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Maritime galleries

The collections are divided into three main categories whaling; fishing and the merchant trade and concentrate on Hull's maritime activities from the late eighteenth century to the present.

Whaling originaly began in the 16th century but really took off from c.1760.  By the 1820s there were more than 60 whalers sailing out to the Arctic every season which brought back the produce, oil and baleen (whalebone), of some 600 Greenland whales. The oil was used for lamp fuel, softening coarse woollen cloths and various industrial processes including tanning.

The displays are remarkably comprehensive, showing the skeletons of various species of whale as well as the whole range of harpoons and tools used in the trade. Journals, logbooks and contemporary paintings of the ships are to be found as well as the largest collection of scrimshaw this side of the Atlantic. These decorated pieces of whalebone, walrus tusks and sperm whale teeth are the folk art of the whaler produced in his spare time aboard ship or after his return home.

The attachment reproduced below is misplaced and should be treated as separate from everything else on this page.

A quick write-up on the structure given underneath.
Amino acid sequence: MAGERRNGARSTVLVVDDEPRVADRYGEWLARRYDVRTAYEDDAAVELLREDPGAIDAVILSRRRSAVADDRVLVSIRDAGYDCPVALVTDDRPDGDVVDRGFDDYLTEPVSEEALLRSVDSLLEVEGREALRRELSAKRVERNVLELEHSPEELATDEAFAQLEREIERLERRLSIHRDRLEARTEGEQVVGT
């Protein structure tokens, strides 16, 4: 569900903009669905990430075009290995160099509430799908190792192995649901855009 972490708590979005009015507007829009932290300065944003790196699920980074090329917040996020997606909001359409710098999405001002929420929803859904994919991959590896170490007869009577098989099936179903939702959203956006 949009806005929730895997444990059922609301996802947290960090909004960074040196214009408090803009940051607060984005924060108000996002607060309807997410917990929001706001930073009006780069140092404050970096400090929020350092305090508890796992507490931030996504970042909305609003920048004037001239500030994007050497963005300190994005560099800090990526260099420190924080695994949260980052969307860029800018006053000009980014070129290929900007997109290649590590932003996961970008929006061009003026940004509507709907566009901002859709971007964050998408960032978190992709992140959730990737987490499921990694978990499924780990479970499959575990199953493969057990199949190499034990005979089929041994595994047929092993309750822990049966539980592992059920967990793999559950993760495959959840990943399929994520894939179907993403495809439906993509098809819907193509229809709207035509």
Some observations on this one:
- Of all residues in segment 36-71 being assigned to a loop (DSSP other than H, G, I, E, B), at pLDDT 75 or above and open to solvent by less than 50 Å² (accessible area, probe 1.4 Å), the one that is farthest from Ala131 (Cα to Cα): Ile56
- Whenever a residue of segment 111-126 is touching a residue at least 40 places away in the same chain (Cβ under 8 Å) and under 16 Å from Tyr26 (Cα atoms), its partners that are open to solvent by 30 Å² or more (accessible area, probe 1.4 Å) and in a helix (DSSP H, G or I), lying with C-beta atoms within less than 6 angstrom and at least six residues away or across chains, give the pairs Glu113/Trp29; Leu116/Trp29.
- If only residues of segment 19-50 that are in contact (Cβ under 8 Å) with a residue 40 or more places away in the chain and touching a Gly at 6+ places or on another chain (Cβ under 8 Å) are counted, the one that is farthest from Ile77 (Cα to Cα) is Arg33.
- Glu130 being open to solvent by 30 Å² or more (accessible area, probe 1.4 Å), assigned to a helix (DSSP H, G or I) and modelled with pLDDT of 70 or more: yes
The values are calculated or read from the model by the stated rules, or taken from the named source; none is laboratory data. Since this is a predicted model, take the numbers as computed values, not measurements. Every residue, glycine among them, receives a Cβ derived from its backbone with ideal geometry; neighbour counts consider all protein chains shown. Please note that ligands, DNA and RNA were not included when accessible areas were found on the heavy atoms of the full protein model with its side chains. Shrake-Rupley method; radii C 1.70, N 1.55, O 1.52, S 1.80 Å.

Contact us

Email Maritime Museum

Hull Maritime Museum
Hull Culture & Leisure
Queen Victoria Square

How to find us

Tel: 01482 300 300
Fax: 01482 613 710

Opening times

Monday to Saturday
10am - 5pm

11am - 4.30pm

Last admission
15 minutes before closing

We are open bank holidays (excluding Good Friday) and closed 24 to 28 December, 31 December and 1 January.

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Hull Culture & Leisure, Guildhall, Alfred Gelder Street, Hull, HU1 2AA

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